Figure 3. Missing Data Pattern Data Table and Original DataFigure 3. Missing Data Pattern Data Table and Original Data

Now that we’ve found the missing values how can we answer the fundamental question…What factors influence participant likelihood to return? From here let’s turn to using JMP’s Explore Missing Values platform to impute values for the Age of Participant column. Isn’t this fabricating data? Isn’t this dishonest? Well…not exactly…especially if we disclose we’re creating surrogate values in the interest of not having to throw the baby out with the bath water from a modeling perspective. Turns out…with a bit of modeling magic…if we choose our surrogate values wisely, parameter estimates for the effects will still be meaningful. Within the Explore Missing Values platform there are two imputation algorithms. For this example I’ve chosen the Multivariate Normal Imputation option shown in figure 4 below. Note the surrogate values equal to the mean of Age of Participant have now populated in the rows with missing values in the original data table.

Figure 4. Multivariate Normal ImputationFigure 4. Multivariate Normal Imputation

 Now how do we deal with the missing values in the Bait Type? column. One way to handle the missing values for a categorical predictor variable is to invoke JMP’s Informative Missing capability. The basic underlying principle of using an informative missing construct is we are willing to make a presumption there is some theme, commonality, or lurking variable which is behind the fact that the value is missing. Like perhaps the reluctance of a tournament contestant to disclose the kind of bait they used for some undisclosed reason?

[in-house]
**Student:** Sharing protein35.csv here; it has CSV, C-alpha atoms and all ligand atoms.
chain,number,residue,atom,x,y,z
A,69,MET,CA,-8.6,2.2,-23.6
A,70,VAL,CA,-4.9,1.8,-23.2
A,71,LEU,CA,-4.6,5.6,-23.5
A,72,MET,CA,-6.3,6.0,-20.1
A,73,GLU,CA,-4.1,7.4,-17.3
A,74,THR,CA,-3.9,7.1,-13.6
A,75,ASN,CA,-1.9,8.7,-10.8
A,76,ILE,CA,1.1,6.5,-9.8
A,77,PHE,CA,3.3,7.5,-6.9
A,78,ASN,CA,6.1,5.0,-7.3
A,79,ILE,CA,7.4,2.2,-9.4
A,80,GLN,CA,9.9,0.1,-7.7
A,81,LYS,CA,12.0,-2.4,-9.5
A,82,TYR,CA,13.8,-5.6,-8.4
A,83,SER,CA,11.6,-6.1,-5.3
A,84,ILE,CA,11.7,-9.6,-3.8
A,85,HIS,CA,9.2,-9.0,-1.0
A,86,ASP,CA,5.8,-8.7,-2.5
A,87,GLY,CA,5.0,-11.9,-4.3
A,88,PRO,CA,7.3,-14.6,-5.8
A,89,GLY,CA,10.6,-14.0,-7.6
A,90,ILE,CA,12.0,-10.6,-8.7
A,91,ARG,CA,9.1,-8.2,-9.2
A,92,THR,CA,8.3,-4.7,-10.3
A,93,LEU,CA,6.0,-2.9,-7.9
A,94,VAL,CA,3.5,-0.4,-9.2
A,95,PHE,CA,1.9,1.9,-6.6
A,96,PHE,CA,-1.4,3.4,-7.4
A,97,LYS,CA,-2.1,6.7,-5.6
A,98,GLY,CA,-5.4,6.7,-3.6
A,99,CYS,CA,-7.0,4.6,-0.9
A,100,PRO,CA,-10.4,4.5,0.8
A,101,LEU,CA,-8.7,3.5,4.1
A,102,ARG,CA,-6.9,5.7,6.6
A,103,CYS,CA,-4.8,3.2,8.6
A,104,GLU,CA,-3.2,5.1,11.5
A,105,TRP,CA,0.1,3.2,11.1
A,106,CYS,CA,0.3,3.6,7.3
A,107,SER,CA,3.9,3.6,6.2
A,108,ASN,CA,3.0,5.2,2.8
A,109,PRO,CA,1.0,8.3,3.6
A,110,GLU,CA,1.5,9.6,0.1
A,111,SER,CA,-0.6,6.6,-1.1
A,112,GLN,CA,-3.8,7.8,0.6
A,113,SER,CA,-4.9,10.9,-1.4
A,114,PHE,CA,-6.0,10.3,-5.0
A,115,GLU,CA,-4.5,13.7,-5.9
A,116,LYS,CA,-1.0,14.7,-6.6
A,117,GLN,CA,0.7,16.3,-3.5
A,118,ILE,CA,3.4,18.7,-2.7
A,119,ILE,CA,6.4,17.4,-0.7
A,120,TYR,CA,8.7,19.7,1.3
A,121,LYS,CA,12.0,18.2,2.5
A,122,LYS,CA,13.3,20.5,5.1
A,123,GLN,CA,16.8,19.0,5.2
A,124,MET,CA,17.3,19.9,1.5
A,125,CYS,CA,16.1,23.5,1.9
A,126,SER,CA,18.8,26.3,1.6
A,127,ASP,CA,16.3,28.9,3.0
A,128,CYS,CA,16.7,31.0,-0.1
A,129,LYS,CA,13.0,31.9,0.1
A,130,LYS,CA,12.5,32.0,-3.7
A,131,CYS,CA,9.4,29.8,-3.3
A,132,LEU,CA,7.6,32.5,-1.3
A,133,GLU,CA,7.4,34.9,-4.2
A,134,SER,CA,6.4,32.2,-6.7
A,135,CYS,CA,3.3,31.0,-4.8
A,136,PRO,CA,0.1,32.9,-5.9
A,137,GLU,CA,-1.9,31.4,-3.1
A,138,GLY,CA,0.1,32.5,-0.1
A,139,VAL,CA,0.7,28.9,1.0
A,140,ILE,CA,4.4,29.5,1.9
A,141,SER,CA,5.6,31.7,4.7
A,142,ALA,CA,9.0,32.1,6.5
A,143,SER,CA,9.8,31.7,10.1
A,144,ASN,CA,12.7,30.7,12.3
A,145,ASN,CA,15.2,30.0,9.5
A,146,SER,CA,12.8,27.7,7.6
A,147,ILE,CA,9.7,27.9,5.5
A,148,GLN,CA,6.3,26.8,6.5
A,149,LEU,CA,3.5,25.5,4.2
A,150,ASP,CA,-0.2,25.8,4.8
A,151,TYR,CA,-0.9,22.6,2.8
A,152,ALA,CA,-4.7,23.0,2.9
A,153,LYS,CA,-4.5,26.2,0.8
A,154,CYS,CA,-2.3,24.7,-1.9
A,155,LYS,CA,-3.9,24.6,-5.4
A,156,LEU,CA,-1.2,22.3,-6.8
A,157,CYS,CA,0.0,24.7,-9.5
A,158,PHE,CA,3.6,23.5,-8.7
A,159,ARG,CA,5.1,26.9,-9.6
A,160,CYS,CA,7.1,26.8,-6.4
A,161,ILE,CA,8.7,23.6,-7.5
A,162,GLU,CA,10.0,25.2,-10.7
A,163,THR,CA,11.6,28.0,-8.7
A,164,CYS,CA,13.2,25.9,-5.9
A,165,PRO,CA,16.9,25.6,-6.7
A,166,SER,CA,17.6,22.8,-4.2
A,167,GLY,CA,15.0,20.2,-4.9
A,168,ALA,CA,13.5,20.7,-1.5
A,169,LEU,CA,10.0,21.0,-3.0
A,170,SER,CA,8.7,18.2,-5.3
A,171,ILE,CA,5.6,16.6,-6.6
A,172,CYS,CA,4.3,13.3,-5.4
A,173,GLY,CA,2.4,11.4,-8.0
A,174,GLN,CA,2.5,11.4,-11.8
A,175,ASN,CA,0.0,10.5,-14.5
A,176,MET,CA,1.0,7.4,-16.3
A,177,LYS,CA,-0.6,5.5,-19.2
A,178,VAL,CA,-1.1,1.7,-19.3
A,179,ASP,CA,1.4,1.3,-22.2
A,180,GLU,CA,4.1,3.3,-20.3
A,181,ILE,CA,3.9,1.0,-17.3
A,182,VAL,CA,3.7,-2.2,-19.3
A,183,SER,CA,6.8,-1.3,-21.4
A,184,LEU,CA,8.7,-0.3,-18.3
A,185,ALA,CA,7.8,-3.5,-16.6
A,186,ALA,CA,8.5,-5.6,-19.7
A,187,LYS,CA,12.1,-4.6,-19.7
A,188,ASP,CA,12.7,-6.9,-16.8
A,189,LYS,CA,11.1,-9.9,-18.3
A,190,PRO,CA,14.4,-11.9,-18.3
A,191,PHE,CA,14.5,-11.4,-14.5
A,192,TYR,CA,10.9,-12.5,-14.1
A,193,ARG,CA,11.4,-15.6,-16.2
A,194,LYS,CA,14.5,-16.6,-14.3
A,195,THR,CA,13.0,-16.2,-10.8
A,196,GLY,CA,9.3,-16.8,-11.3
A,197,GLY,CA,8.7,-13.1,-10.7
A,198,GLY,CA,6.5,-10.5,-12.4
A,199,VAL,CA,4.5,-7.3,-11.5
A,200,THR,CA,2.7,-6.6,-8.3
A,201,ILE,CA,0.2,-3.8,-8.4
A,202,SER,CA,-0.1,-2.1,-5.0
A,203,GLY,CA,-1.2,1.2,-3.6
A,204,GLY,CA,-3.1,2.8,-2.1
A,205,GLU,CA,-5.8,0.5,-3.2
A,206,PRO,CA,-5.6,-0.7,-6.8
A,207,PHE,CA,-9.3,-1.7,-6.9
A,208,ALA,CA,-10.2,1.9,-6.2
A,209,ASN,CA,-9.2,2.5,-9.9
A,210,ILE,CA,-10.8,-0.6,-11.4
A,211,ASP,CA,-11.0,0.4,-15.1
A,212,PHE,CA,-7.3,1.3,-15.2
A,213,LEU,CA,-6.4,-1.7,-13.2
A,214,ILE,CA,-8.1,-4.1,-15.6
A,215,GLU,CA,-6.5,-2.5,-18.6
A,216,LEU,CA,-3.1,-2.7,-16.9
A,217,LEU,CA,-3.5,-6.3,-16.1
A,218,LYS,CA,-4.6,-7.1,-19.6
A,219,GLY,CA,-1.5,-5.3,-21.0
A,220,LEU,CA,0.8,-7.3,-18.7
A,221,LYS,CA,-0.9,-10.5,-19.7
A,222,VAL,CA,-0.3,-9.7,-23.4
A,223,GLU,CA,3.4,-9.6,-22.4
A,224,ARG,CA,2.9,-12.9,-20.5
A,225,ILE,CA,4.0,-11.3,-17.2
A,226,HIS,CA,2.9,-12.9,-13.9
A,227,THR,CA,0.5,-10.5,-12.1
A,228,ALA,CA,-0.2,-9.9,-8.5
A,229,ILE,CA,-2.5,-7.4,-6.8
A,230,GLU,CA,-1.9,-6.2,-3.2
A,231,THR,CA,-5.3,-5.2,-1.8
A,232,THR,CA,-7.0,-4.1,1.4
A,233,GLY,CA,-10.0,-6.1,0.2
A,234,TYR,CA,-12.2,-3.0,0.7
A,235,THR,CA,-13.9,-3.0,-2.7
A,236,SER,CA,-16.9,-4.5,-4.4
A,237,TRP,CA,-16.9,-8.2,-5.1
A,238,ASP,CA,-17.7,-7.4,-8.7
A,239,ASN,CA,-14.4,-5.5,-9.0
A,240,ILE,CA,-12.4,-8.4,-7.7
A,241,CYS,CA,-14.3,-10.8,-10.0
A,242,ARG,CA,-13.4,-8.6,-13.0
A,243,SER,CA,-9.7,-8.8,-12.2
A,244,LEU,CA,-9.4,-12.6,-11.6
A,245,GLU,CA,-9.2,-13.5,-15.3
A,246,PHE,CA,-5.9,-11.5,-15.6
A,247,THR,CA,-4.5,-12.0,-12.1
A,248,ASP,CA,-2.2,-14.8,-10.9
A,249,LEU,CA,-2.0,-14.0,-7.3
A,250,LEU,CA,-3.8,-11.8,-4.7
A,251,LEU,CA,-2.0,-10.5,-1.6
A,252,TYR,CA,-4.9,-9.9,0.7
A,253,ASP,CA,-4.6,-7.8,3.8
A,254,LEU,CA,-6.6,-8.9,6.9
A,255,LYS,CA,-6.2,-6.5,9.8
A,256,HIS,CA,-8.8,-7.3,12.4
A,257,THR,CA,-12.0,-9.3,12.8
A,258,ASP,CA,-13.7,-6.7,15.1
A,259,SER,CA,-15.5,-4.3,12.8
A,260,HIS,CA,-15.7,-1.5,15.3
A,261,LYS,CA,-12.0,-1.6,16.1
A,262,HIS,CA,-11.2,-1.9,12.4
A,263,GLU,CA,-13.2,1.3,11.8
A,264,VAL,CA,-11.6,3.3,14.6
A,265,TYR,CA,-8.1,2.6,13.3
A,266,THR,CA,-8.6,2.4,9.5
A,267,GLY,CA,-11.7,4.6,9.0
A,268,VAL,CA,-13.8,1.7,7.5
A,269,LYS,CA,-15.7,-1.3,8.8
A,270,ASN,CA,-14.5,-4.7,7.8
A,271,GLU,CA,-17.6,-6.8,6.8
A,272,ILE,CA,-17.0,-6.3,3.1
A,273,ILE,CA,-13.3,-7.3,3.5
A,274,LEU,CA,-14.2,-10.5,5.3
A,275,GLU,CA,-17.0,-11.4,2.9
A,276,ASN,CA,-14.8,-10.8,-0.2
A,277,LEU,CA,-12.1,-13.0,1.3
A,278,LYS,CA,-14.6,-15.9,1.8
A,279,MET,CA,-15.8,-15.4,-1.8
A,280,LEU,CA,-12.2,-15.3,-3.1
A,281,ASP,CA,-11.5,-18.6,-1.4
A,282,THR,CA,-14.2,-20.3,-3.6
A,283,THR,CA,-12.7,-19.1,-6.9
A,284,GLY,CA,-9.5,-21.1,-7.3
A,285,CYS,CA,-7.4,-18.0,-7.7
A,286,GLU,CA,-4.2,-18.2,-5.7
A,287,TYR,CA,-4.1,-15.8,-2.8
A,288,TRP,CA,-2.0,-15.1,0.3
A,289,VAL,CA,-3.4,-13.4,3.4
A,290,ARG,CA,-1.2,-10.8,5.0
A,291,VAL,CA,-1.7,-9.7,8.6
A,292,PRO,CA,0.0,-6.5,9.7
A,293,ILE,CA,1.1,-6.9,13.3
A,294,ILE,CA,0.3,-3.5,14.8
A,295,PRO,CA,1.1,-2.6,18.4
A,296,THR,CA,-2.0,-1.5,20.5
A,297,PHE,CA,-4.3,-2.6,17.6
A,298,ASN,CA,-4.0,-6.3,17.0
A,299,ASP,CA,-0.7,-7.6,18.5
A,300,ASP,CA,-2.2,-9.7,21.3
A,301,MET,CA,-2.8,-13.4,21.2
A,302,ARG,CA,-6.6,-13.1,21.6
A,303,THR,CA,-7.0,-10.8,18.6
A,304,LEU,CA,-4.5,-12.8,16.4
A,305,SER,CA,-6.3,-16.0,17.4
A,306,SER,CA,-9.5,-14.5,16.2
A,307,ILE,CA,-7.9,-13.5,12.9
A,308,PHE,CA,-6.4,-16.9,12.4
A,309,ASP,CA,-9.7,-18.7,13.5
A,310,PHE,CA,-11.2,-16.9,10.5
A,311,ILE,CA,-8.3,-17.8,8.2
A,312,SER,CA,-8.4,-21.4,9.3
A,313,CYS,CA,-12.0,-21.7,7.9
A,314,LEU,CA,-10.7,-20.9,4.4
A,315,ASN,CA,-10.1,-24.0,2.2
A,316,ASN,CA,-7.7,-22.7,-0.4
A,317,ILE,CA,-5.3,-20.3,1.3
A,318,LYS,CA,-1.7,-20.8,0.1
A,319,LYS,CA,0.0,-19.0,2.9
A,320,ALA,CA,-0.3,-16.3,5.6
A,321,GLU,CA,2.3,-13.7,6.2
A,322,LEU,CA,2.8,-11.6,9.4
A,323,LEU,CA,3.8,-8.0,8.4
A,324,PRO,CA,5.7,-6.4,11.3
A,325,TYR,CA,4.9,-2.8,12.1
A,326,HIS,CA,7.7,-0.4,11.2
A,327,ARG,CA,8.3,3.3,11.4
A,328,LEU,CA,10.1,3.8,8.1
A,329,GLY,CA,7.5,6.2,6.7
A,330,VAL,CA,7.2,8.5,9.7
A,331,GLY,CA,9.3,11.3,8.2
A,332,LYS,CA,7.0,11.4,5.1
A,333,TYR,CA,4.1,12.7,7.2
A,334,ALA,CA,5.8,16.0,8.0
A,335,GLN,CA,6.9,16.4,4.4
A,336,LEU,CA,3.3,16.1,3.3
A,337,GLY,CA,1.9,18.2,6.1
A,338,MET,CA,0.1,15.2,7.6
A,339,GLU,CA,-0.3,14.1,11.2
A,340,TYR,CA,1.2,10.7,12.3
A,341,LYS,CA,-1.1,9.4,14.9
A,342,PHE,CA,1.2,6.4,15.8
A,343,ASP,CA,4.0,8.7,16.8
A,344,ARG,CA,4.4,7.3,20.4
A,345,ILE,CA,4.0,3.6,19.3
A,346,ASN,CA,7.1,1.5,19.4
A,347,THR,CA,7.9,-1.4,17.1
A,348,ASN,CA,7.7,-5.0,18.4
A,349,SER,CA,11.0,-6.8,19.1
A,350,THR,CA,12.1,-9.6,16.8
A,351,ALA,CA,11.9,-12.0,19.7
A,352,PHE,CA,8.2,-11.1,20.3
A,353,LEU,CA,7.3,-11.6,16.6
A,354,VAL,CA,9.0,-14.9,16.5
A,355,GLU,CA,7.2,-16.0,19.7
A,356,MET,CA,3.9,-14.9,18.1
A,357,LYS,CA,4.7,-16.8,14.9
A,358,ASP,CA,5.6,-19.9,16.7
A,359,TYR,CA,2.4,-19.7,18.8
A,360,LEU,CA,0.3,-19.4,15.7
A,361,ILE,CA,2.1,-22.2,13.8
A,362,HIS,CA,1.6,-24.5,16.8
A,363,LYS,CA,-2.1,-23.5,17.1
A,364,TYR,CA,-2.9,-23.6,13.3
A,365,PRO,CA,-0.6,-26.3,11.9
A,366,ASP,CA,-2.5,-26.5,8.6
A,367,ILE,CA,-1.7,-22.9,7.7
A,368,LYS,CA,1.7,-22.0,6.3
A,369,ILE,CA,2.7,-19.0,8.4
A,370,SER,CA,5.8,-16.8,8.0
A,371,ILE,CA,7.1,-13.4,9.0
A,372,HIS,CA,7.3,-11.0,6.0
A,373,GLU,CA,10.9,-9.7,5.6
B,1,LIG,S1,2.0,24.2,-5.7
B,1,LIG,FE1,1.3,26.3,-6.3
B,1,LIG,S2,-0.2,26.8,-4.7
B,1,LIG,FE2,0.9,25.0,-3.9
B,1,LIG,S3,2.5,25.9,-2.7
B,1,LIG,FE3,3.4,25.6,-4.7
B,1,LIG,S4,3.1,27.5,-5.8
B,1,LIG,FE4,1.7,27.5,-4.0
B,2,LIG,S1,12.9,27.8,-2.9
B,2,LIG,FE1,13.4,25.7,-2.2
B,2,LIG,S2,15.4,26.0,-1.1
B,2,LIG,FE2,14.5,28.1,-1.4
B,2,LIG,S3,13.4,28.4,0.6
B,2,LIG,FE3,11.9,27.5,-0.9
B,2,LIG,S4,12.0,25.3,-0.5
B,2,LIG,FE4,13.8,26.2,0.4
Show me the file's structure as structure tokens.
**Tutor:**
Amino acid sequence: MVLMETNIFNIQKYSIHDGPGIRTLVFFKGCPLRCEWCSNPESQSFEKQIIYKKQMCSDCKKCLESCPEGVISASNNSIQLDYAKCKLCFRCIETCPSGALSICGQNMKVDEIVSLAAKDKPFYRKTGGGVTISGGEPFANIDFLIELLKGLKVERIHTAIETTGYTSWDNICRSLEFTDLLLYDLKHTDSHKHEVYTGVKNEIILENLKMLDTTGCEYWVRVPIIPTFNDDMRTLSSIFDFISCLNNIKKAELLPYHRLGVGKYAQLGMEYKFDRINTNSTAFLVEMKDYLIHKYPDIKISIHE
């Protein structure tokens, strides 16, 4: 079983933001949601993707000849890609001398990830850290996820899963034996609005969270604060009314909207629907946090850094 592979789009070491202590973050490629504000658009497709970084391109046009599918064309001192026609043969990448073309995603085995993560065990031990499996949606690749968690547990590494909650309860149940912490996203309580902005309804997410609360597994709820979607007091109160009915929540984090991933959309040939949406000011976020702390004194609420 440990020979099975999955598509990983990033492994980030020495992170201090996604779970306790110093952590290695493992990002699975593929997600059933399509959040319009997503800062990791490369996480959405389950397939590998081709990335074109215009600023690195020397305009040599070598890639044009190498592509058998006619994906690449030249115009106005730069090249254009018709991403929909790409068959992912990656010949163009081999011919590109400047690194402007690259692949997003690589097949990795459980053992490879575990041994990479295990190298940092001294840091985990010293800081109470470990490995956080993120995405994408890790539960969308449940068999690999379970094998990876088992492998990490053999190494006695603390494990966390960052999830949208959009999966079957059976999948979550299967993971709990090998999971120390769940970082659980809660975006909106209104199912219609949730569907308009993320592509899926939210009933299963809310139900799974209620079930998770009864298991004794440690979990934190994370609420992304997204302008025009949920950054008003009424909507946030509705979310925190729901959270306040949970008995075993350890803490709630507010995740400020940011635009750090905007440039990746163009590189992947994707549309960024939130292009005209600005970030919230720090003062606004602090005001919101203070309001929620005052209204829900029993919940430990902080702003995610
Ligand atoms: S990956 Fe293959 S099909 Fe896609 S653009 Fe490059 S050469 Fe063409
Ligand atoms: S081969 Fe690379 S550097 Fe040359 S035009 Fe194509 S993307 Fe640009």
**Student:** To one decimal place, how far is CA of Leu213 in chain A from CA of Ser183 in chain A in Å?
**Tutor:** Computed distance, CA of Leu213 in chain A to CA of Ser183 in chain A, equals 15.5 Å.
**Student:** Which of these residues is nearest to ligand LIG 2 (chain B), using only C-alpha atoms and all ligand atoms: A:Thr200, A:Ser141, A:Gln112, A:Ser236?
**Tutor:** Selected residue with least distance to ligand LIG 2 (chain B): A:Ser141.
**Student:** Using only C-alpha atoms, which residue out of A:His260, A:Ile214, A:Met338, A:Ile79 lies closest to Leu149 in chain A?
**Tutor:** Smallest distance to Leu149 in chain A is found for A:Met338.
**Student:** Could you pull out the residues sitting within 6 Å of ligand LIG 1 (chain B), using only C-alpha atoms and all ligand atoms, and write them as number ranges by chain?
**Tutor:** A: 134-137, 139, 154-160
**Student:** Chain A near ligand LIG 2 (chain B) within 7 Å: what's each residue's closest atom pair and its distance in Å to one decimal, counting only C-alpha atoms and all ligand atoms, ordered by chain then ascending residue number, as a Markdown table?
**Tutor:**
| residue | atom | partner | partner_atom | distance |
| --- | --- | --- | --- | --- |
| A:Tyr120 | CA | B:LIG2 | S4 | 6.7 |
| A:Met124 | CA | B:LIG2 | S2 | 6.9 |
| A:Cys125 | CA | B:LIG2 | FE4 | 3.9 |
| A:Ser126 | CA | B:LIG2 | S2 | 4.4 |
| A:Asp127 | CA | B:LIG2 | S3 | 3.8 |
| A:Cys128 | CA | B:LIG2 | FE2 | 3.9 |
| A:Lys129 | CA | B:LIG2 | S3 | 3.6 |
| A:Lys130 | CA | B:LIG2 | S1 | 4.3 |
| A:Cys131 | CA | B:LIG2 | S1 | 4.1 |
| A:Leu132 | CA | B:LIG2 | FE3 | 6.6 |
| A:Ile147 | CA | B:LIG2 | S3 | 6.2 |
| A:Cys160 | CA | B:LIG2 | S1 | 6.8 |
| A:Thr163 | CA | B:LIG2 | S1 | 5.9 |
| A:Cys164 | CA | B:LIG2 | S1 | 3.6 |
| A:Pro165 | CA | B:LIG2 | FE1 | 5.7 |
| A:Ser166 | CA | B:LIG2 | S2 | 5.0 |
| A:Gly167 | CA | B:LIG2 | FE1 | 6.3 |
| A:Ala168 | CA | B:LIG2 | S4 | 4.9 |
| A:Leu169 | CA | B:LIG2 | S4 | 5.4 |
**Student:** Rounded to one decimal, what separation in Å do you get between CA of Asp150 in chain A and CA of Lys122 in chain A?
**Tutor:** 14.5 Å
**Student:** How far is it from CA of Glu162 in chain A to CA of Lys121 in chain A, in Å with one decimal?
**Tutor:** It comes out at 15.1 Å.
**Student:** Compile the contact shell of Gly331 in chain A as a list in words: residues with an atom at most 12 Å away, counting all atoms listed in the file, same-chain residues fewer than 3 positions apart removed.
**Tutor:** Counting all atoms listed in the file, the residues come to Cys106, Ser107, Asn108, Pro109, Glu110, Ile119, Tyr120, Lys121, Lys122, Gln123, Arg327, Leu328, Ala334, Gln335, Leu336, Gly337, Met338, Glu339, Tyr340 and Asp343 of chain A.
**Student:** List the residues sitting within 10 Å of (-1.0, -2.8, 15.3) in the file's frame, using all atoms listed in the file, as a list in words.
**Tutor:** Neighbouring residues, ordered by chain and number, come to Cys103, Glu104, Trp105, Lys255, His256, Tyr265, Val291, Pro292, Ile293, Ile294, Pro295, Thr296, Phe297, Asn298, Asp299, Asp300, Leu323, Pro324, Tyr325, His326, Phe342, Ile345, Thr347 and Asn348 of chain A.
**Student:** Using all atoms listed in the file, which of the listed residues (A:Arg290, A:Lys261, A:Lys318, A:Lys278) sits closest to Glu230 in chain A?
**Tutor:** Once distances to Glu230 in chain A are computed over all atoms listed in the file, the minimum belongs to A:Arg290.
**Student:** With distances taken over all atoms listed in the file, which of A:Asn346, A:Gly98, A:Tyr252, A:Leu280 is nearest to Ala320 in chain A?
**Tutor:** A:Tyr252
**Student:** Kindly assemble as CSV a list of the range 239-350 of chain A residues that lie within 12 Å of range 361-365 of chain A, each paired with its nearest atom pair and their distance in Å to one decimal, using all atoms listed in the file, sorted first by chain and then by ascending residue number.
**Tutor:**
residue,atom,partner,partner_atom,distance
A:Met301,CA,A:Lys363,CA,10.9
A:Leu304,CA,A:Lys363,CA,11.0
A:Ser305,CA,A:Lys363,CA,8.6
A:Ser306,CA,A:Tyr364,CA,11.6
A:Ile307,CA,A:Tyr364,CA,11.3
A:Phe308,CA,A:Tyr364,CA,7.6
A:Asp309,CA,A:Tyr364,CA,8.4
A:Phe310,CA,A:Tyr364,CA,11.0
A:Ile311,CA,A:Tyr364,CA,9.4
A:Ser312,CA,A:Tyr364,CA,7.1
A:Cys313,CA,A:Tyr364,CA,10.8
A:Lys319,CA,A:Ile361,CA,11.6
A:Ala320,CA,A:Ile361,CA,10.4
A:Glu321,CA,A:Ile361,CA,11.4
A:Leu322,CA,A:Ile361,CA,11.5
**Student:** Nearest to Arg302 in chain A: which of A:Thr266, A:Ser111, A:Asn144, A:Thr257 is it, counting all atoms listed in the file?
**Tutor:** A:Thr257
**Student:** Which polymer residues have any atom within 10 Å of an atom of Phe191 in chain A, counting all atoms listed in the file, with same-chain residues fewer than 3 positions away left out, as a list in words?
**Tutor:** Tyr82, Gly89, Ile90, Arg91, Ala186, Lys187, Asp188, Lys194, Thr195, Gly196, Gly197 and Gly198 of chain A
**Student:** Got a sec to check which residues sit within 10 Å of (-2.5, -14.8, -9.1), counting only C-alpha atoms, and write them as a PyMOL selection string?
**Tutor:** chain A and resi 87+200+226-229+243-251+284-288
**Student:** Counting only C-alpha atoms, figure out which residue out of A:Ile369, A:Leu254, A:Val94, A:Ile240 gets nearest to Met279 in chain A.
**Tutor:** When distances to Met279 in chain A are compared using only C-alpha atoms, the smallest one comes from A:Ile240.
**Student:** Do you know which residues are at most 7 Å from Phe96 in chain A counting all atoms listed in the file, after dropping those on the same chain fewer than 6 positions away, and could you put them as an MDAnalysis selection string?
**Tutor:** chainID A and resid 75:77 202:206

From the Fit Model specification window we invoke Informative Missing by selecting Informative Missing from the Model Specification red triangle drop down menu shown in figure 5. below.Figure 5. Model Specification and Informative MissingFigure 5. Model Specification and Informative Missing

 By selecting Informative Missing, JMP will assign a new level for the Bait Type? categorical predictor of ‘Missing’ and proceed with the model fitting process using all the values in all the predictor variable columns. Figure 6 below shows the Effect Summary portion of the Nominal Logistic regression model report. Note that Bait Type? does indeed seem to influence the response.Figure 6. Effect Summary TableFigure 6. Effect Summary Table

 Further examination of the JMP Prediction Profiler as shown in Figure 7. indicates that the missing value level of Bait Type? is really driving the Yes response!

Figure 7. Prediction ProfilerFigure 7. Prediction Profiler

Now is where domain expertise comes into play. It sure stands to reason that a tournament contestant that experiences LOTS of success catching fish might certainly be inclined to NOT disclose the bait type they used. Trade secrets? But they’d sure be inclined to return to a tournament where they had success.

Post analysis, a deeper dive into the tournament records revealed additional data that is certainly concurrent with the notion of secretive participants. The Fit Y by X logistic regression plot below in figure 8. of the probability of Come Back Next Year? is a function of Total weight of fish caught…and the participants that caught them sure aren’t telling us much about their secrets. Figure 8. Logistic Regression PlotFigure 8. Logistic Regression Plot

 So next time you’ve got missing values in a data set, remember that using JMP you can perhaps learn something about the system EVEN when data is in fact missing! All is indeed not lost.